September 27, 2018

You saw a ship on the news, but how do YOU find it using OSINT?

I've had some requests to walk people through, with more detail, how to look up ship-related information, and I'm not hiding any methods, the whole idea is for YOU to be able to loo up your own information for free (or for cheap), and not need to launch your own spy satellite.
(but if you have the chance, you really should - I'm looking at you Elon)

There are many, many, ways to skin this cat. I'm just going to go over one way as an example - this is by no means an exhaustive how-to. There are marine ship registries, forums, accident reports, all sorts of other resources - but I'm going to show you MarineTraffic.com and focus on AIS.

Let's take an article which was in the news and walk you through the process. The first thing is to figure out what is the subset of vessels, out of the tens of thousands presently at sea, that you're interested in. You need to scope out the breadth of your investigation. Here is a good start;

St Helena's cherished lifeline ship to return as anti-piracy armory
Joe Brock - APRIL 17, 2018 / 10:38 PM (original here)
JOHANNESBURG (Reuters) - The RMS St. Helena, Britain’s last working postal ship, was for nearly three decades the main source of contact between one of humanity’s remotest islands and the outside world.
Now the ship, cherished by the 4,500 residents of British-ruled St. Helena, will start a new life as a floating armory, packed with automatic weapons, bullet-proof jackets and night vision goggles, all stored for maritime security operatives.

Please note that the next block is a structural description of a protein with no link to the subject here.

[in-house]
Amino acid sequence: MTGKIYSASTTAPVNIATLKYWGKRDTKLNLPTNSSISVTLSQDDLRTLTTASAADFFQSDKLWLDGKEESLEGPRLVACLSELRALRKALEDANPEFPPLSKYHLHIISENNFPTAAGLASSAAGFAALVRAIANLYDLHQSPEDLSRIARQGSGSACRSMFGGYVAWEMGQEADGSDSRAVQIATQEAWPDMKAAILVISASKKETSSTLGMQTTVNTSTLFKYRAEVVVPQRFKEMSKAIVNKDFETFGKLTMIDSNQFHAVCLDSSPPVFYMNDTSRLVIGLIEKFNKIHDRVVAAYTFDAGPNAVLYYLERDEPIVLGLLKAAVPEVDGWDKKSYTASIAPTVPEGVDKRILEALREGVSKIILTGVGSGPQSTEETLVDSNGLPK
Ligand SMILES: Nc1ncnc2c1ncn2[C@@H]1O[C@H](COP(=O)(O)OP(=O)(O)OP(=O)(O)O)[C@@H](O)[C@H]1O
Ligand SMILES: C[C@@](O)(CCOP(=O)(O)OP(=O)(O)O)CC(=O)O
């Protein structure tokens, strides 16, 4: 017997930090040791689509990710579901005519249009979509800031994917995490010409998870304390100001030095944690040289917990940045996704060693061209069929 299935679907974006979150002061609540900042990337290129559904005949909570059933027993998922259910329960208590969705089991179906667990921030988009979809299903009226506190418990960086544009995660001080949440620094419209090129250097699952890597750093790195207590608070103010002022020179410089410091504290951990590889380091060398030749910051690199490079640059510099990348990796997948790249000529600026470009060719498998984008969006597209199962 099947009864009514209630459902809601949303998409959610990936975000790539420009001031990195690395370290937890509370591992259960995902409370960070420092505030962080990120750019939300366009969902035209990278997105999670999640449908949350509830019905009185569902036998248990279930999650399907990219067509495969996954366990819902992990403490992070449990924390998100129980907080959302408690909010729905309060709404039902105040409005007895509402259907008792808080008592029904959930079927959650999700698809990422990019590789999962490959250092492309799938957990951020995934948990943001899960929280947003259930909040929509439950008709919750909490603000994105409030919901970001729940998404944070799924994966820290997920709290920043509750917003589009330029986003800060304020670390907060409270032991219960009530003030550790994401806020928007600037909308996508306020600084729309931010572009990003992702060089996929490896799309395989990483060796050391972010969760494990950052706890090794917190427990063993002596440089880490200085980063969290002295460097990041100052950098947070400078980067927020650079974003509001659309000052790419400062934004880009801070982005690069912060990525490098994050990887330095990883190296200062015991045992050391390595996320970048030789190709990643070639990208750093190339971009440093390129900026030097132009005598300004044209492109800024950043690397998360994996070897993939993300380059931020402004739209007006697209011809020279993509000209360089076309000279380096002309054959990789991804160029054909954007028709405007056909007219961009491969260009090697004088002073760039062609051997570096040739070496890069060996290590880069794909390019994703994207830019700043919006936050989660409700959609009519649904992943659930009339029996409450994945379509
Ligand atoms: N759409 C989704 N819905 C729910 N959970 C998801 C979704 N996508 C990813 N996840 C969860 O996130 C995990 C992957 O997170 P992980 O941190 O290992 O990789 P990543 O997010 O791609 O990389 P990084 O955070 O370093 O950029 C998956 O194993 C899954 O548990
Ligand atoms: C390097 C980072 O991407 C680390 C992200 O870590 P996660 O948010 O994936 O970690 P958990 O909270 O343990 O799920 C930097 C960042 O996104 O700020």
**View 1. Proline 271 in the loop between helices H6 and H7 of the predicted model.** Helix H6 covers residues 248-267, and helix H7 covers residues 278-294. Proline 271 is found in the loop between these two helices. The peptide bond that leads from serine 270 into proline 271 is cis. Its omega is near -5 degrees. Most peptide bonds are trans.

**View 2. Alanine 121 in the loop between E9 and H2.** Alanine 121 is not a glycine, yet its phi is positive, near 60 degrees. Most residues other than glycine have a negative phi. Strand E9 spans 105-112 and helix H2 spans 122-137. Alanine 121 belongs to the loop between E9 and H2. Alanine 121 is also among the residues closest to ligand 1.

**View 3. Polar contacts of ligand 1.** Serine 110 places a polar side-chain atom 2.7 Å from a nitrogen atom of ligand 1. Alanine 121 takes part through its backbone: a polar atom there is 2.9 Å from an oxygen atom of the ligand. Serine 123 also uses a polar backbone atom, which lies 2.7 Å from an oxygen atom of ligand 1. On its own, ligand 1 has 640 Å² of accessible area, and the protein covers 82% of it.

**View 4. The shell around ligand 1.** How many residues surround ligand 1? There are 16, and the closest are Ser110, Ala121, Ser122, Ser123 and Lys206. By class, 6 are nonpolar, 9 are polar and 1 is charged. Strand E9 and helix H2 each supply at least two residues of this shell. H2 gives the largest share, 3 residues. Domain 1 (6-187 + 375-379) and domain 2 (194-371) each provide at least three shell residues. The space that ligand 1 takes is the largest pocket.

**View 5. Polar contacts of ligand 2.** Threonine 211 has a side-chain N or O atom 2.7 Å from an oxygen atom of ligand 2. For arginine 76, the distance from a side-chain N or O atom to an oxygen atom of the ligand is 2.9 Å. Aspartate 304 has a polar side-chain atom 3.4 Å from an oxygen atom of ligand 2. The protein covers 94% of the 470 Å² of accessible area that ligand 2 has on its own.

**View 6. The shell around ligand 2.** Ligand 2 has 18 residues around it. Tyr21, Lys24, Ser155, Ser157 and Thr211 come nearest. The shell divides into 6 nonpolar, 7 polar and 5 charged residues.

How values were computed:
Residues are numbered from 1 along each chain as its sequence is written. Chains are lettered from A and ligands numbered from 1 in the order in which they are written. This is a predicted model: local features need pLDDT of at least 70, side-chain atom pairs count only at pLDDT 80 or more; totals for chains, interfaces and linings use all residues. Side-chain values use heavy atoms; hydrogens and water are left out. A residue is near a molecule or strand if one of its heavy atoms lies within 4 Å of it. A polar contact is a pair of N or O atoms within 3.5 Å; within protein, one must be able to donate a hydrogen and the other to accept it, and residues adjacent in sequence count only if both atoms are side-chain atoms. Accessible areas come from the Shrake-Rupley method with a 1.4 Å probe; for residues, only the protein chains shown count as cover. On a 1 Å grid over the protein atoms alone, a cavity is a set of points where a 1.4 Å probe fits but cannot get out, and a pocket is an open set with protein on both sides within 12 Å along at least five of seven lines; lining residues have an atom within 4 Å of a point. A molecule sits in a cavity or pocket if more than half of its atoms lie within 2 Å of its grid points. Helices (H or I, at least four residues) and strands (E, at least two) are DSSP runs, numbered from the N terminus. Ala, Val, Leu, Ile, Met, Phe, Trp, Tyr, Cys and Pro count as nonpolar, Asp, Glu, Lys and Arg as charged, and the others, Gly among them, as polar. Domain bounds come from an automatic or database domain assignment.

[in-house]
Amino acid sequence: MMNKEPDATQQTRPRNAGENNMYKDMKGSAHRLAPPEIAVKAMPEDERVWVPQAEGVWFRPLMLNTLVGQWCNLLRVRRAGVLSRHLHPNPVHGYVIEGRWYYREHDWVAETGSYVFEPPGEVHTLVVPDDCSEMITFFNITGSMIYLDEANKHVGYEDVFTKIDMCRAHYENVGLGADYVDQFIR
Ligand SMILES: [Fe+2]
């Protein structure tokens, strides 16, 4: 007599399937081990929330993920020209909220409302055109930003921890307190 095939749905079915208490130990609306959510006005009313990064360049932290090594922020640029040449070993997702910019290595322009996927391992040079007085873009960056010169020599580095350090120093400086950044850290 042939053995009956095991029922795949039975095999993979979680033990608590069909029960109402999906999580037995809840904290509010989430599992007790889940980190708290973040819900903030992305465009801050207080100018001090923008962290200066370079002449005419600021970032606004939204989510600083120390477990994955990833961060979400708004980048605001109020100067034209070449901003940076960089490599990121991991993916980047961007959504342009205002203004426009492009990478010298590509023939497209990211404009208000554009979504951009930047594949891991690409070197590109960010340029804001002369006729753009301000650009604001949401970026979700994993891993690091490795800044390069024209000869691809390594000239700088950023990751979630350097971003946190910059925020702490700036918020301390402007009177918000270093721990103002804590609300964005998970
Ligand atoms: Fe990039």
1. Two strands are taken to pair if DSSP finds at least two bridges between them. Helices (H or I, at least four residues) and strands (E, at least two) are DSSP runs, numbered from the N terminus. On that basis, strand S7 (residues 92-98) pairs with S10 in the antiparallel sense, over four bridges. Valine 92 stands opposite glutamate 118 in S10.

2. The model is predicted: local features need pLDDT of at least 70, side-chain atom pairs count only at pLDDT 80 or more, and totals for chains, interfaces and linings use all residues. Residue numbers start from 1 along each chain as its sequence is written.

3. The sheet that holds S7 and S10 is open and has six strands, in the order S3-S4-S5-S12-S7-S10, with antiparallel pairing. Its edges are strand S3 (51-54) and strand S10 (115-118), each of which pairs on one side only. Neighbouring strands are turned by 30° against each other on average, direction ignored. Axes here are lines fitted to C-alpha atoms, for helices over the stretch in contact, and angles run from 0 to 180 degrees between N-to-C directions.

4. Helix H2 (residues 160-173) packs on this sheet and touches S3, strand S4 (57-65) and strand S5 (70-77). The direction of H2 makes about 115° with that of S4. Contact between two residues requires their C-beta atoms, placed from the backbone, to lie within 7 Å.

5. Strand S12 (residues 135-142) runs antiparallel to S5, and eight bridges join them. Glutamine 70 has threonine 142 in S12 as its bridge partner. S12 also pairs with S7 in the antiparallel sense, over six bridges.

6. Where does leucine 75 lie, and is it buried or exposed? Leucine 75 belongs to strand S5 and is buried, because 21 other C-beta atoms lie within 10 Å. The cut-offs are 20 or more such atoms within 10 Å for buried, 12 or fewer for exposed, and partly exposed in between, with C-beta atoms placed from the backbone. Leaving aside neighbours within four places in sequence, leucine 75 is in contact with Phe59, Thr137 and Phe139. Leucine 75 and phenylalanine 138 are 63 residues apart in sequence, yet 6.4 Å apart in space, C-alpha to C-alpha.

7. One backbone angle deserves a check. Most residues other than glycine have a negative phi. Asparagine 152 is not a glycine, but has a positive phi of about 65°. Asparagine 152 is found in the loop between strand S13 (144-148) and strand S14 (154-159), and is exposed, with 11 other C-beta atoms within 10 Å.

Renamed the MNG Tahiti, the 340-foot ship will undergo some tweaks before sailing to the Gulf of Oman where it will be used to ferry guns and guards to passing vessels navigating stretches of water lurking with pirates, its new operator said on Tuesday.
“The ship is good to go with a few adjustments,” said Mark Gray, a former British Royal Marine and founder of floating armory firm MNG Maritime. “By the middle of the year we hope to have her operating.”
Tahiti Shipping, a subsidiary of MNG Maritime, bought the ship for an undisclosed fee on Tuesday, the St. Helena government said in a statement.
The construction last year of a commercial airport on the isolated island in the middle of the South Atlantic rendered the 156-passenger ship obsolete, prompting St. Helena authorities to put it up for sale and begin planning a gala farewell.
Before weekly flights to South Africa began in October, a five-night voyage to Cape Town on the RMS St. Helena was the only major transport route off an island made famous as the windswept outpost where French emperor Napoleon Bonaparte died.
The yellow-funnelled ship was purpose-built by the British government in 1989 to service the island and is the last of a royal mail fleet that once connected the far-flung tentacles of the old British Empire.
Its final voyage was marked with a public holiday on St. Helena, with flag-waving crowds gathering on the rocky coastline to catch one last glimpse of the ship that had delivered them everything from car parts to Christmas turkeys.
A flotilla of fishing vessels and yachts flanked the ship with those on board popping champagne corks as plumes of balloons were released into the sky to cheers from St. Helena residents, known locally as “Saints”.
“I fully appreciate the role this vessel has played in all Saints’ lives,” MNG Maritime’s Gray said. “It is not a responsibility we take on lightly. We will continue to treat her in the manner to which she has become accustomed.”
Writing by Joe Brock; Editing by Mark Heinrich (Reuters)